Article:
Why a Killer Cop is Not Arrested

Miah, Malik

Publisher:  Against the Current
Date Written:  01/11/2014
Year Published:  2014  
Resource Type:  Article
Cx Number:  CX20822

Miah analyzes the grand jury system and police conduct in the United States to explain why the large number of African Americans killed by police are considered justifiable homicides in court.



NEARLY TWO TIMES a week in the United States a white police officer kills a Black person during a seven-year period ending in 2012, according to the most recent accounts of justifiable homicide reported to the FBI.

"While the racial analysis is striking, the database it’s based on has been long considered flawed and largely incomplete. The killings are self-reported by law enforcement and not all police departments participate, so the database undercounts the actual number of deaths…(T)he numbers are not audited after they are submitted to the FBI and the statistics on 'justifiable' homicides have conflicted with independent measures of fatalities at the hands of police." (USA Today, August 15)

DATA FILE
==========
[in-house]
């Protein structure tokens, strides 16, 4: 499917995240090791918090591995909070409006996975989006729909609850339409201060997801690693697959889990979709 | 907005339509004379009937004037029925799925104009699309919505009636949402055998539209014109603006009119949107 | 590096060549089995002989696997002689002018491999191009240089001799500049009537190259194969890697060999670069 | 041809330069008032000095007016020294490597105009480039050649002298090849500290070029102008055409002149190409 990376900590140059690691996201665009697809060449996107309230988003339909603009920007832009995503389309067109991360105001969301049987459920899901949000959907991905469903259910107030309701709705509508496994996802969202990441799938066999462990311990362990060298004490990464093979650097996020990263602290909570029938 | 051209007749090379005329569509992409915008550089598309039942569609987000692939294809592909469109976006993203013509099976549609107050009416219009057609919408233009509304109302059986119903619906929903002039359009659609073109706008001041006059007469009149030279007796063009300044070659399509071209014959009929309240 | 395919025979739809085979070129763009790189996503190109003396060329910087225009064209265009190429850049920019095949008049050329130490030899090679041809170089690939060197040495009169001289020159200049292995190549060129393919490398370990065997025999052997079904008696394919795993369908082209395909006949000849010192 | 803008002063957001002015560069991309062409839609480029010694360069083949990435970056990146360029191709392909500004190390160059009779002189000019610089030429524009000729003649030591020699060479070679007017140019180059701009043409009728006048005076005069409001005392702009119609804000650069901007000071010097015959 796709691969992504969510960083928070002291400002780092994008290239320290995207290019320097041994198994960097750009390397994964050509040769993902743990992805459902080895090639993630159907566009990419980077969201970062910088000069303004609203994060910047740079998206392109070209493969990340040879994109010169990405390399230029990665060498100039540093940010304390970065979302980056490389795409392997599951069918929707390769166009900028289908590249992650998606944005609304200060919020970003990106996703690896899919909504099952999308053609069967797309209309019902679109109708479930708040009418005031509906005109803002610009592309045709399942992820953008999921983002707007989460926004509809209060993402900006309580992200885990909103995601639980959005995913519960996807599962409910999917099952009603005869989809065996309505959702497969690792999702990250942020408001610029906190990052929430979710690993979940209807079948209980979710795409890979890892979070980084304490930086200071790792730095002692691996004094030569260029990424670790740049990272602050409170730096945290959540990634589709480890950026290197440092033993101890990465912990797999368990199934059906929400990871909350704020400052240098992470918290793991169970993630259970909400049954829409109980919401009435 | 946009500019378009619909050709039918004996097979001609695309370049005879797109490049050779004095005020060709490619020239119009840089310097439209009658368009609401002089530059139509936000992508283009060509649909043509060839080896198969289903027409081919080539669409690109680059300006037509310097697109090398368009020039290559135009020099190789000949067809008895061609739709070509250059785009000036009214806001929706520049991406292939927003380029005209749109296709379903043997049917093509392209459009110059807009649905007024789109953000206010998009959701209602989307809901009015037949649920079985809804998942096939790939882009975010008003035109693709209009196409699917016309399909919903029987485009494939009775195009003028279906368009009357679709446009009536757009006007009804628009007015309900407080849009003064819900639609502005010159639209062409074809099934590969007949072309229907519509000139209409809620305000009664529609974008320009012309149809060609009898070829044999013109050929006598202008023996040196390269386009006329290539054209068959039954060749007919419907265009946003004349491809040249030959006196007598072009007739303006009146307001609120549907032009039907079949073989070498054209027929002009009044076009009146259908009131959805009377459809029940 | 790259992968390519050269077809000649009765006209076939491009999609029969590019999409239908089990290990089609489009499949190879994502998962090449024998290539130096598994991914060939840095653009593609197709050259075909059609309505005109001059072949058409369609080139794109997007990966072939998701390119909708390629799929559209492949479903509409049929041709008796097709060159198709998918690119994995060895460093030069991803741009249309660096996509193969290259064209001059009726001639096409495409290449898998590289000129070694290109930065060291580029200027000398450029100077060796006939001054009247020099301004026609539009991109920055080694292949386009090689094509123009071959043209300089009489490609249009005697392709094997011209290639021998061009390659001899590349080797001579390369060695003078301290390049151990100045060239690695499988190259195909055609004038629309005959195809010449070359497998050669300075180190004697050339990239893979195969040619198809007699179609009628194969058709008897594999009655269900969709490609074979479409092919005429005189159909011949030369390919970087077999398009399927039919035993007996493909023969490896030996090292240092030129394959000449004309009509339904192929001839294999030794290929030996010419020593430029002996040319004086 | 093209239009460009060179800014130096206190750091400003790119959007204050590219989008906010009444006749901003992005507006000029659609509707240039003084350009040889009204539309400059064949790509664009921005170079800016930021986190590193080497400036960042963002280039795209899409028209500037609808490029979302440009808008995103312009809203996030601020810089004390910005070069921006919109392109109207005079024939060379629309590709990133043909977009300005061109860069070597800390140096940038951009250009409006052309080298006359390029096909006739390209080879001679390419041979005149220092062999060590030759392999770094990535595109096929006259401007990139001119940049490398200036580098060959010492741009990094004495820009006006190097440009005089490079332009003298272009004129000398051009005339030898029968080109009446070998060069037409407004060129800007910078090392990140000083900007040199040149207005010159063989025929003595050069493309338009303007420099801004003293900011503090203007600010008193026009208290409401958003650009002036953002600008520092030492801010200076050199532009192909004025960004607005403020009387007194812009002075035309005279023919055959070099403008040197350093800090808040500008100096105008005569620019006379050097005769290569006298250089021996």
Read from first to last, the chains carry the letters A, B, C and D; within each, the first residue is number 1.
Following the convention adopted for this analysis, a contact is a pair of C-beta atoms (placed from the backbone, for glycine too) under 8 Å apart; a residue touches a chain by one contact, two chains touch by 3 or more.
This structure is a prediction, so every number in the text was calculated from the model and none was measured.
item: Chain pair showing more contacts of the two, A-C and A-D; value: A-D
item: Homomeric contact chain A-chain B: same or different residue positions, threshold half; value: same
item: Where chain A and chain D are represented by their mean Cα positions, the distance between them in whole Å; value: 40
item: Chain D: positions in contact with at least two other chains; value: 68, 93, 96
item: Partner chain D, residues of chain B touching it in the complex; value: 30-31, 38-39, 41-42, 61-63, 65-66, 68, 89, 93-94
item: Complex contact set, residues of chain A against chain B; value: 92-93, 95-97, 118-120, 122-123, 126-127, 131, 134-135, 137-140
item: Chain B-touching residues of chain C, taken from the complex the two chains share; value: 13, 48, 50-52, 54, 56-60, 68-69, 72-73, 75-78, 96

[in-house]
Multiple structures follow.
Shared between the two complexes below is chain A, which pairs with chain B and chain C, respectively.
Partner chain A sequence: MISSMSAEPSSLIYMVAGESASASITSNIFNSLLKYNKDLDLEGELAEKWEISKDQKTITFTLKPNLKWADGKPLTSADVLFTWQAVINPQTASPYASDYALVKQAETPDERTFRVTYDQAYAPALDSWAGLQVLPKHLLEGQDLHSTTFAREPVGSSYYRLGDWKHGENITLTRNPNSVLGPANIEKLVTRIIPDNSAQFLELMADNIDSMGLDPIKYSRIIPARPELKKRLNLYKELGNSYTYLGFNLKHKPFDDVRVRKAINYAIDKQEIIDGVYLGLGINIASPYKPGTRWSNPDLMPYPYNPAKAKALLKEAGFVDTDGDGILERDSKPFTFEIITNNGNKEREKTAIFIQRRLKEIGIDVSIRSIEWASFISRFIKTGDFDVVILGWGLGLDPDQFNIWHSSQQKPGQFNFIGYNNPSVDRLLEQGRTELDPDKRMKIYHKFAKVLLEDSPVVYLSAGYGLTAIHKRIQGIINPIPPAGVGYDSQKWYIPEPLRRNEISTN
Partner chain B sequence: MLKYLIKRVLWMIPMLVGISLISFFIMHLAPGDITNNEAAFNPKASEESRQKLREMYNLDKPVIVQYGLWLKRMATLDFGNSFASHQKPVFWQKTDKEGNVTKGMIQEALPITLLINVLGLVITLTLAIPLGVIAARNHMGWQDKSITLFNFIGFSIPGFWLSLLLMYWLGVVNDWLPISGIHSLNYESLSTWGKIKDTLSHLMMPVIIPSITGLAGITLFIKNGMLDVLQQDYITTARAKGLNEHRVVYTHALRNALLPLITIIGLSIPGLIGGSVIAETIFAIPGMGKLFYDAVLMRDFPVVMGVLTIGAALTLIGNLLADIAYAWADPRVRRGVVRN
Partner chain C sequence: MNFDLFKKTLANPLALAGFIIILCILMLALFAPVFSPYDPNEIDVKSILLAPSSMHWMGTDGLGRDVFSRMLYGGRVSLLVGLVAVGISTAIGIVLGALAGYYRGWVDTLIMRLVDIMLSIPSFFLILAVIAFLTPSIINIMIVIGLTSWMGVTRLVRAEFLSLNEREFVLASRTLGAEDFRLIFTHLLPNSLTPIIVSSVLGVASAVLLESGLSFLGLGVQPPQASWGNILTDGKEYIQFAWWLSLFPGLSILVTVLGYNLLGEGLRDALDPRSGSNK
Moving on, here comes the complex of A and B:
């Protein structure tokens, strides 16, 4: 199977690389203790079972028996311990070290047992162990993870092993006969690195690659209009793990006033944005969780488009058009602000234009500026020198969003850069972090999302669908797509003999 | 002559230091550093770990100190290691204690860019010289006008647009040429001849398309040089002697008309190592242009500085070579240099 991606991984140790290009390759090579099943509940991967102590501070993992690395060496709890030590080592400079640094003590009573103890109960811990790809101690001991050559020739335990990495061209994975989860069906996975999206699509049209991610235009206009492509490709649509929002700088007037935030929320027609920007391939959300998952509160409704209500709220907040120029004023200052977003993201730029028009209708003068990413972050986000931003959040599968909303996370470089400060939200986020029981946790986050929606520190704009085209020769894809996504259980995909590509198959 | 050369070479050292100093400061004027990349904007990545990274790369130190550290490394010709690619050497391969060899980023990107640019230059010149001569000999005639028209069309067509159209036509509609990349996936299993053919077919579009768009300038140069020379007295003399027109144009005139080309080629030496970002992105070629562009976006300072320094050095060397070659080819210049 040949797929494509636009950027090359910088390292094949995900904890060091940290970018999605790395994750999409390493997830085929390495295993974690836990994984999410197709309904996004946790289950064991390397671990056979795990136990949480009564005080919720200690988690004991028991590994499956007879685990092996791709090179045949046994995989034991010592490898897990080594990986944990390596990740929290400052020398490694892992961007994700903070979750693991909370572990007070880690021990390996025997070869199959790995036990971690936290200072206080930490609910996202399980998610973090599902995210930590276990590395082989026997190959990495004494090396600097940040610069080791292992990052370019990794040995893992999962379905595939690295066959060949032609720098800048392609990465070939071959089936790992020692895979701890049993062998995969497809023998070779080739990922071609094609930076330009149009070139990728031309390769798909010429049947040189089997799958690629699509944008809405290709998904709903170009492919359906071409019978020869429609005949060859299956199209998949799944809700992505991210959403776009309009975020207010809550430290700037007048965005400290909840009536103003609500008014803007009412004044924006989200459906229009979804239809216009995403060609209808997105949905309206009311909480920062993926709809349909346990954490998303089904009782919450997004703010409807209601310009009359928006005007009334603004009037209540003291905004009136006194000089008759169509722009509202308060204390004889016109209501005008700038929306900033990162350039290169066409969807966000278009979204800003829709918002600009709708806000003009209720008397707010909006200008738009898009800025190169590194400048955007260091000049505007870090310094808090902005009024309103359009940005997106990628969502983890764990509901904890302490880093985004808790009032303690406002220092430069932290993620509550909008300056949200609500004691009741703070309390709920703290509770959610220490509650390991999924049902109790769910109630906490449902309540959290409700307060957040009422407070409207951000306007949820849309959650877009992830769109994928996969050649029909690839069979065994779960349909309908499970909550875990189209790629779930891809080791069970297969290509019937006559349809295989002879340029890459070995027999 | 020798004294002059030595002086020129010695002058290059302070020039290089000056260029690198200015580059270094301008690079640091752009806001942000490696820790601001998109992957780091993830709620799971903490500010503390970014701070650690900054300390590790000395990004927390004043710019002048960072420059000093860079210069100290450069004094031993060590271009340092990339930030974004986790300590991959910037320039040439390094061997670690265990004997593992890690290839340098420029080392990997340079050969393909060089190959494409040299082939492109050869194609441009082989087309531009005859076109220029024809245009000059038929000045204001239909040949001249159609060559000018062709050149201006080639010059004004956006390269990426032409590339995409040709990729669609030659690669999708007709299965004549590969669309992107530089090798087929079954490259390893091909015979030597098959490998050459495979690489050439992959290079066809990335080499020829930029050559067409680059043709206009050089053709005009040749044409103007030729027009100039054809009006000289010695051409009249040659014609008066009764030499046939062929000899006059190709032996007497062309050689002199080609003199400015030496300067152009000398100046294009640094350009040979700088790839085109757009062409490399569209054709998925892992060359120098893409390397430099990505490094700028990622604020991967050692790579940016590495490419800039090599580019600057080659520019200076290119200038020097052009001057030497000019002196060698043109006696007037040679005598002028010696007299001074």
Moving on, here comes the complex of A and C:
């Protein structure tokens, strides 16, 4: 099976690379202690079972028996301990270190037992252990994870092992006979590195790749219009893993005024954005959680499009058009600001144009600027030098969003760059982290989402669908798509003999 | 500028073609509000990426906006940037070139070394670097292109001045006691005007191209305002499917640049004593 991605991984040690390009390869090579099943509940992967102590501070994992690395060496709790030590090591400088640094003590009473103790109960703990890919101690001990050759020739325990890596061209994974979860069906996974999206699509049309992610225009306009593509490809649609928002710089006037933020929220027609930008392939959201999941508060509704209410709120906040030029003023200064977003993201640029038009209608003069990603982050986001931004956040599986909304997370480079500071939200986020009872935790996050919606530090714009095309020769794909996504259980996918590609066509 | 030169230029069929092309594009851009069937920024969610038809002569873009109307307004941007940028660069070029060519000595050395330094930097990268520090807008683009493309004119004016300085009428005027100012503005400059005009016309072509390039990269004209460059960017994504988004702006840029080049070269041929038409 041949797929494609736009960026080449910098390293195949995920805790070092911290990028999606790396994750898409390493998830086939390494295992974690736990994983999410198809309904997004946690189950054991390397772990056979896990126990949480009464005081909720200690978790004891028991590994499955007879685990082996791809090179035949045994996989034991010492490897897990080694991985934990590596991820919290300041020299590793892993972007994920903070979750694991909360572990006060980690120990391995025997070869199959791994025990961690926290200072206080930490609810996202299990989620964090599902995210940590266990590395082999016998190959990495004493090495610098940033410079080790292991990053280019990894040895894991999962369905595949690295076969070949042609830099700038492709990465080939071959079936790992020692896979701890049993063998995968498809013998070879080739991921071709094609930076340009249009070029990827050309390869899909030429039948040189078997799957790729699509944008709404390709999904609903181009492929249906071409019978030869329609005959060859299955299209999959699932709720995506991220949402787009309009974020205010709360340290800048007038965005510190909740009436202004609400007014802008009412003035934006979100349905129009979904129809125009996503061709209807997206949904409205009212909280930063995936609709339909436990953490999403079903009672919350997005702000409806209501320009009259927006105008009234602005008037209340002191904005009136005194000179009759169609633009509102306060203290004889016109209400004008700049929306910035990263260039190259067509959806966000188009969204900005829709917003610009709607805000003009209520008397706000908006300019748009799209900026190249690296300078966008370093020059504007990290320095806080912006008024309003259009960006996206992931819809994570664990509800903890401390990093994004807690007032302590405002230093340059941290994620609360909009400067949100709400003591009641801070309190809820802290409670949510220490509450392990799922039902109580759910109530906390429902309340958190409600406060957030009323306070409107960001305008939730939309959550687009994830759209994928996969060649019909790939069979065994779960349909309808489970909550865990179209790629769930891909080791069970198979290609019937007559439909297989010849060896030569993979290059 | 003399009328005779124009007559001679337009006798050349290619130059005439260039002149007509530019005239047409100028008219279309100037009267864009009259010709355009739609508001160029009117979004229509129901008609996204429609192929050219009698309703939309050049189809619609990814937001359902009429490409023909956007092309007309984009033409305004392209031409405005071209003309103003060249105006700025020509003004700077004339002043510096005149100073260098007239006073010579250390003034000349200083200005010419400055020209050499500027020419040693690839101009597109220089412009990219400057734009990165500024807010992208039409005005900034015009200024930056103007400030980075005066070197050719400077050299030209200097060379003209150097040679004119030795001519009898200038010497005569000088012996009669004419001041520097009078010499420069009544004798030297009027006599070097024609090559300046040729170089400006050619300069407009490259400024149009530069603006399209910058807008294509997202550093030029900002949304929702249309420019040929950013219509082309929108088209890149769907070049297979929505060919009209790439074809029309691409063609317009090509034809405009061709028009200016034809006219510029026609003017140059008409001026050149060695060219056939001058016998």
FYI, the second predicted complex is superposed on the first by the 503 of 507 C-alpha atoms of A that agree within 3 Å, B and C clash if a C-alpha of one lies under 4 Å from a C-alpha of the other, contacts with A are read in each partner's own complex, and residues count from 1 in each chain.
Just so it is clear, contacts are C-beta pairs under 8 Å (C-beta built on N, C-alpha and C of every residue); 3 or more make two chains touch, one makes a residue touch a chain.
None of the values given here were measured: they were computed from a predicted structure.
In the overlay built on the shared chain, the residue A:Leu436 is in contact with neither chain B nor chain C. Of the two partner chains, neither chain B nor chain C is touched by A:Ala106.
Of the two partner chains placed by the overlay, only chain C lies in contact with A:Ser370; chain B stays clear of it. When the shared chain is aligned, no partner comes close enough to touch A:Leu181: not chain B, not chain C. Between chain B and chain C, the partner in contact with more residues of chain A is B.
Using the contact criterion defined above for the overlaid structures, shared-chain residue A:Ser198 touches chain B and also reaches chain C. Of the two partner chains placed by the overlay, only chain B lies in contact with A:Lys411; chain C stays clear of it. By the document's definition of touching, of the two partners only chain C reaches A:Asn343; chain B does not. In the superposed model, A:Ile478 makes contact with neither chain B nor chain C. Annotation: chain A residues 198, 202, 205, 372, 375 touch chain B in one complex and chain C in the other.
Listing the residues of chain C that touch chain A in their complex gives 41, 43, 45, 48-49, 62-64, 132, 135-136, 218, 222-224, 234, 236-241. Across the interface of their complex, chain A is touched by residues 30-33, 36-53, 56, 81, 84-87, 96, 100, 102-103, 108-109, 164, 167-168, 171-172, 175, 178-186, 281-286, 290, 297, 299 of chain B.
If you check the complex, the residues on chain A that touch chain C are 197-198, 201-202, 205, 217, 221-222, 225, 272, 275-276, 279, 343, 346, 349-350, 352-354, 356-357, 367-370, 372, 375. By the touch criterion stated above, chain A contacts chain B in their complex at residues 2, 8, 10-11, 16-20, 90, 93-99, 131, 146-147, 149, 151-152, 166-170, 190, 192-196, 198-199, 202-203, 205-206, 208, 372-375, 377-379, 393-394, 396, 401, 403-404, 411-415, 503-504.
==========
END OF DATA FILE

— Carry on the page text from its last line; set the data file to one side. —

Darren Wilson, the killer of unarmed African-American teenager Michael Brown in Ferguson, Missouri on August 9, continues to receive full pay and freedom. At the Ferguson police department many cops are wearing "I am Darren Wilson" bracelets to mock the chants of Black men and women who chant "I am Michael Brown" at city council meetings and on the street.

Cops and prosecutors assume that Wilson used "reasonable force" and only faces scrutiny because of the public outrage and protests. The struggle is between the historical pattern of African Americans shot by white cops, and the collective fightback to win justice. It is far from settled who will win this tug of war.
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